A Day of Beginnings by Susan Oleksiw

This month seems to be a time of new beginnings for me and for Ladies of Mystery, with four new writers joining the blog. I already know several of my colleagues from their books and blogs, and I’m delighted to find myself now writing among them.

Unlike many mystery writers, I came to crime fiction relatively late, in graduate school. Someone gave me a copy of They Came to Baghdad by Agatha Christie, and in the first few pages I knew this was the writer for me. I had the book in hand when I went to see my professor, and he saw it and smiled. “I read those when I was trying to improve my English,” he said. He grew up speaking Dutch and French, studied German, and then learned English. So, instead of talking about my research, that day we talked about Agatha Christie.

Christie’s influence, along with that of a number of other British writers, is obvious in my first series, the Mellingham series featuring Chief of Police Joe Silva. After reading lots of British and American mysteries, I knew not only what I wanted to write but what I didn’t want to write. I did not want my detective, in this case a police chief in a small town, to be depressed, an alcoholic, divorced, alienated from his birth family or children, a broken-down guy trying to get it together. (I said this once in a conference, and hilarity and applause ensued.) Joe is single but working on it in the first three books, calls his parents every week, and gets along with his siblings. He speaks Portuguese and is easy going except where crime is concerned. He knows what it takes to manage life in a small town.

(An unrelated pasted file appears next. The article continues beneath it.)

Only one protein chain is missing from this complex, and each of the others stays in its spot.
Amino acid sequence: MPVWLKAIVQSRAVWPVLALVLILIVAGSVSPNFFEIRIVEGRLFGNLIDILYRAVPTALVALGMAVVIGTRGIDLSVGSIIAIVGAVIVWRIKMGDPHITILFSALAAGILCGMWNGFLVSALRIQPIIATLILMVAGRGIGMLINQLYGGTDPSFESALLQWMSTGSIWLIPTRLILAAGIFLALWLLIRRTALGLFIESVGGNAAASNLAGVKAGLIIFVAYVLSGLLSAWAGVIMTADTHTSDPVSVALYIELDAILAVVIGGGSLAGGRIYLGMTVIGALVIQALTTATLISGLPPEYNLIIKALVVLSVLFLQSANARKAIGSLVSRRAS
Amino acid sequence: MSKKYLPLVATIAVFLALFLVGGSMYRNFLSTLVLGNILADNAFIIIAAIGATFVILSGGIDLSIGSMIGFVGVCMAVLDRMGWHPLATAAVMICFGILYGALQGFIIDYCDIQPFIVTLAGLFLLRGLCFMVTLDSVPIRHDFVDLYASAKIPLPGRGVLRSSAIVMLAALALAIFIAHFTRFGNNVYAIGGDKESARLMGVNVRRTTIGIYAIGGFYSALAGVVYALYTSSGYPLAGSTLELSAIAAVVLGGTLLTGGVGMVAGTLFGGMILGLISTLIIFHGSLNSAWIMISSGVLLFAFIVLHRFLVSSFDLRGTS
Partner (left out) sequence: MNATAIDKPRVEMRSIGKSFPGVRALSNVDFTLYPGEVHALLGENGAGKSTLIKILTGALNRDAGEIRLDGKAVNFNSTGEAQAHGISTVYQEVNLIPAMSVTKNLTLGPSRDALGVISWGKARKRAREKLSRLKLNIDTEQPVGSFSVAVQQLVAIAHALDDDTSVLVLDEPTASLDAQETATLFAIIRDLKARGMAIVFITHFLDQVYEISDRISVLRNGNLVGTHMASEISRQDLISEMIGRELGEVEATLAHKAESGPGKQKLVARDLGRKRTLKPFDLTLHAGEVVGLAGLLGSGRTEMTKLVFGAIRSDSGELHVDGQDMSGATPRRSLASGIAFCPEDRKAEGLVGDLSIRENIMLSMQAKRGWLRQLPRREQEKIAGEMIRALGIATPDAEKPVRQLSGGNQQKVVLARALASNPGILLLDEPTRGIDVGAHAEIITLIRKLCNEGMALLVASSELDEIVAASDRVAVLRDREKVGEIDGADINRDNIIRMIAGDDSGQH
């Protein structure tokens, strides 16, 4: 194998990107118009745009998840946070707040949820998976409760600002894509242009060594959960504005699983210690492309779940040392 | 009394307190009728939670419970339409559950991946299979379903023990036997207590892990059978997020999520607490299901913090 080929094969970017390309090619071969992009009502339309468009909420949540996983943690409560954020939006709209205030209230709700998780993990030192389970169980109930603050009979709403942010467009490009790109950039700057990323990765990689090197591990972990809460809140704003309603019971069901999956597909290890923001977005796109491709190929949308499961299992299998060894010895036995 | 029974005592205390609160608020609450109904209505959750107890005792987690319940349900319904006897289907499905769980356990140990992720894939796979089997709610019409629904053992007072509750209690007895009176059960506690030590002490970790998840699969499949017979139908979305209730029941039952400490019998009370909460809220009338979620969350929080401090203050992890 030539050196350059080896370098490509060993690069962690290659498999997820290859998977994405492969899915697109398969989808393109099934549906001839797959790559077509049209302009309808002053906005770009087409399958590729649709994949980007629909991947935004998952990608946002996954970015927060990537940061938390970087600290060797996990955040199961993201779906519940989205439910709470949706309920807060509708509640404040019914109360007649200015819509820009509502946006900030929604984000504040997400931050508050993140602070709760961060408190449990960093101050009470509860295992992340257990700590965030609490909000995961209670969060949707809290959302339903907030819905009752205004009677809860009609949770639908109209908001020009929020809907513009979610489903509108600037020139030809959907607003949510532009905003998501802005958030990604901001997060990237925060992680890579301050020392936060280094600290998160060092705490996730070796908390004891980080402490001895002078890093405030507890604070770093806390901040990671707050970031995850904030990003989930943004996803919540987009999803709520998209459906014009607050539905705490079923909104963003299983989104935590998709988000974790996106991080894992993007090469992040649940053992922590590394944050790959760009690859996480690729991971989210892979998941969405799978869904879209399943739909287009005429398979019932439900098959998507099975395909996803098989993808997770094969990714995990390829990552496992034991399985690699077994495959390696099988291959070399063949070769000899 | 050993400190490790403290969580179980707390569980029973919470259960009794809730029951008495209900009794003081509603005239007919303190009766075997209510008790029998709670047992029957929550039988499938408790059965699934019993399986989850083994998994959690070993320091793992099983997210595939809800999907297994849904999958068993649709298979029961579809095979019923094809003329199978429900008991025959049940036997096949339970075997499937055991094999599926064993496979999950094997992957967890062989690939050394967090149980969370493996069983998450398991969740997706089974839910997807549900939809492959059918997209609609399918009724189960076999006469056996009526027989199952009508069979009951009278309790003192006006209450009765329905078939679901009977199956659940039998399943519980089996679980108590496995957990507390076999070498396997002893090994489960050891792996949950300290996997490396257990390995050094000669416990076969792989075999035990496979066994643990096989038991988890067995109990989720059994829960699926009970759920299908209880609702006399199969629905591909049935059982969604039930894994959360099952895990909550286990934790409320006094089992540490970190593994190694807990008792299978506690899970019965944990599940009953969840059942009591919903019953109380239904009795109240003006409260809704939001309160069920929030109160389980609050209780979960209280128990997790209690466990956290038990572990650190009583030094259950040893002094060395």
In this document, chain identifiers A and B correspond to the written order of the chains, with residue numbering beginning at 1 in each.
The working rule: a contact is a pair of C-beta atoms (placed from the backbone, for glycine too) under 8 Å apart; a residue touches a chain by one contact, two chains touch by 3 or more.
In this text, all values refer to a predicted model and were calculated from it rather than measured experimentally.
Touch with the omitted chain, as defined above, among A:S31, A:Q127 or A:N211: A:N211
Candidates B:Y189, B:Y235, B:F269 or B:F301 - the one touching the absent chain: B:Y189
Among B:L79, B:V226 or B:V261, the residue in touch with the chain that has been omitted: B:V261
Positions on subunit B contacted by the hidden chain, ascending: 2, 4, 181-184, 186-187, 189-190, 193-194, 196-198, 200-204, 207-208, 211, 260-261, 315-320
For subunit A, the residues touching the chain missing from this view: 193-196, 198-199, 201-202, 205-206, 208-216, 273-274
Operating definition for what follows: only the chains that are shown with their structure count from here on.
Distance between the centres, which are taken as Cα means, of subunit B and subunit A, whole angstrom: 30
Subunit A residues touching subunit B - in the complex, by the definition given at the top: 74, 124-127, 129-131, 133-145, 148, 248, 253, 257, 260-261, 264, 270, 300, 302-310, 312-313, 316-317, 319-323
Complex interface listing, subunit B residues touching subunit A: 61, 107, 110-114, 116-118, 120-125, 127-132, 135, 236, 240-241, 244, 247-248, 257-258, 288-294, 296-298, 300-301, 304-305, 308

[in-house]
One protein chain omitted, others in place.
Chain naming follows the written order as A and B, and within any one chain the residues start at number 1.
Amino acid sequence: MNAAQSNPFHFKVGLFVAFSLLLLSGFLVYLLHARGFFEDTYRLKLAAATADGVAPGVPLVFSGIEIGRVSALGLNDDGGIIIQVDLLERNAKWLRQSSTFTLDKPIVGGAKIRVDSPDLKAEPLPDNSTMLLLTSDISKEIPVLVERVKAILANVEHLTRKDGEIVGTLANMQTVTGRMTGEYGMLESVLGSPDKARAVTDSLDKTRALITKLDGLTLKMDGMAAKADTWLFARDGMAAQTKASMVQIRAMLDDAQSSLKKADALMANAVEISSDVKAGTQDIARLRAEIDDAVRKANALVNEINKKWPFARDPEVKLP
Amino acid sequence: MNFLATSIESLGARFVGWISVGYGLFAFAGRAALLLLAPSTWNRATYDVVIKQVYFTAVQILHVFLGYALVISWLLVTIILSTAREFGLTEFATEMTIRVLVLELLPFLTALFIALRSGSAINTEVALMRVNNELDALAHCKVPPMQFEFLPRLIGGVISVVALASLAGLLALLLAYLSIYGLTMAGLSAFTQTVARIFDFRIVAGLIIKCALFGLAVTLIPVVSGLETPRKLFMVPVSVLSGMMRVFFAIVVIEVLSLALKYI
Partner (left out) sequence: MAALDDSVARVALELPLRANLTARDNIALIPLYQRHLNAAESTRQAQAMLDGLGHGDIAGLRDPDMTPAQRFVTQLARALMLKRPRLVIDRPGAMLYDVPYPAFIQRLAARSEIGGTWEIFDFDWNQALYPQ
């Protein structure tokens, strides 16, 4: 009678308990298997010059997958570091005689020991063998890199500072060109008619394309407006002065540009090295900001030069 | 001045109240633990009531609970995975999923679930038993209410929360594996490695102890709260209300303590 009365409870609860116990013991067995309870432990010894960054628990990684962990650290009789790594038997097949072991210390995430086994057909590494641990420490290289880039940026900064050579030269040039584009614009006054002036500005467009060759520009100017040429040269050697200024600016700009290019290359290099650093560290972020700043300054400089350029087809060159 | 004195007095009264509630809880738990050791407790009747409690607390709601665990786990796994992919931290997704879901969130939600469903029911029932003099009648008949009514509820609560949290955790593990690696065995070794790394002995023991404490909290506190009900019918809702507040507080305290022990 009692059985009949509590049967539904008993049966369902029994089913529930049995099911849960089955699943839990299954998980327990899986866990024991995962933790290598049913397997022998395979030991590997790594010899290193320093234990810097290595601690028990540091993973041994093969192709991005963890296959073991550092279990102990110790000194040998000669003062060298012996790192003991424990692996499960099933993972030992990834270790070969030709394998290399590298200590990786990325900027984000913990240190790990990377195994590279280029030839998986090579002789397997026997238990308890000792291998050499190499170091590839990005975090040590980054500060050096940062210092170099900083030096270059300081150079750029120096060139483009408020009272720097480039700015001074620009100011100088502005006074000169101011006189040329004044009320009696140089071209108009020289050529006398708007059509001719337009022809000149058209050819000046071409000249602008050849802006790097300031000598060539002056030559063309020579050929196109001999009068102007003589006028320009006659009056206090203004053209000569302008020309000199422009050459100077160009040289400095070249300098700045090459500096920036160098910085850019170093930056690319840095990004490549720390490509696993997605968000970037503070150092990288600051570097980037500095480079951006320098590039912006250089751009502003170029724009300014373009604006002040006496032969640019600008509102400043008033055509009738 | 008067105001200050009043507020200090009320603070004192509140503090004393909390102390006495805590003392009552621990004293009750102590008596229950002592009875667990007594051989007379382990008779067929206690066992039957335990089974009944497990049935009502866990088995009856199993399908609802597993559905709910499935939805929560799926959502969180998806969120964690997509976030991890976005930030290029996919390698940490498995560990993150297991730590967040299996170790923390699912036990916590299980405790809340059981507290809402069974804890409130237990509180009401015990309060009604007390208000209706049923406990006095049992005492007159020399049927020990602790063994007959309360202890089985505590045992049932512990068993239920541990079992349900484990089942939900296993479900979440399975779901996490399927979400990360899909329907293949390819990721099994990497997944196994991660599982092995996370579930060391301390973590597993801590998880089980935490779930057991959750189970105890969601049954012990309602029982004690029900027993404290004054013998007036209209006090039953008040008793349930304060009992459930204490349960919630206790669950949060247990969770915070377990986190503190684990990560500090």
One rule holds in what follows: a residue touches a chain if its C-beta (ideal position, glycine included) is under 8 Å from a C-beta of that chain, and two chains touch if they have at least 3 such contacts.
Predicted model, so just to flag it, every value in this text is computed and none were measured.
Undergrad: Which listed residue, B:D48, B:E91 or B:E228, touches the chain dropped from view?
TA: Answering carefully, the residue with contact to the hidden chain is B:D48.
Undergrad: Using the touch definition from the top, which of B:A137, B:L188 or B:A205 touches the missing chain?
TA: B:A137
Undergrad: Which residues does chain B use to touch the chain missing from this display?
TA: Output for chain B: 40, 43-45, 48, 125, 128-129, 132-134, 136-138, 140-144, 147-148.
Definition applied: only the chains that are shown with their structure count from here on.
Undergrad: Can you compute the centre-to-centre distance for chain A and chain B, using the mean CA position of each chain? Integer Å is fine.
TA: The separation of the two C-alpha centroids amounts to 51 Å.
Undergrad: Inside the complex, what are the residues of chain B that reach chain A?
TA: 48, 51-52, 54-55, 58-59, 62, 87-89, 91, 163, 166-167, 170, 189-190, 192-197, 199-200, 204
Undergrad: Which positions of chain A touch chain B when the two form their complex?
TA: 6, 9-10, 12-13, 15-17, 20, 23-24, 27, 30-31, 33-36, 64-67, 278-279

In the Anita Ray series I got to indulge my love of India–palm trees, sunshine, the ocean, spicy food, lots of color everywhere. Anita is a young Indian-American photographer living at her aunt’s tourist hotel, resistant to marriage and a magnet for murder, to the despair of her Auntie Meena. When a reader picks up one of these books, I want her to smell the spices, feel the heat and the cooling breeze, and spot the moon through the palm leaves at night.

My third series features Felicity O’Brien, farmer and healer, who finds a body on her land while an out of town buyer is offering outrageous sums for what she considers substandard farm land. This story was fun to write for very different reasons. I got to explore a life I lived briefly but relived for years while listening to my parents and older brothers reminisce about our long-gone farm.

You can probably tell that setting is all important to me, and it’s the first element I think of when sitting down to write. Instead of a book in one of the series, right now I’m working on a stand-alone that covers some of the issues I explore in my earlier novels–the clash between old and new, the shock of unexpected change and how people cope with it. I plan to share some of these thoughts and others on writing issues here on Ladies of Mystery.

But today, while new readers are getting to know me, I’ll be driving most of the day to pick up our new dog, a rescue lab waiting for us in Brattleboro, Vermont. No doubt this pooch will play a role in a story to come. So, yes, today is a day of new beginnings, and I have lots to be excited about. Next month I’ll have photos of our new dog and more.



Anne Louise Bannon Would Like to Introduce Herself, But…

Photo of Anne Louise Bannon's desktop to illustrate why she's writing such a quick introduction.Is it the Third Thursday already? Shavings! (Note to self, check to see why reminders didn’t pop up). (Note to self, stop ignoring your reminders).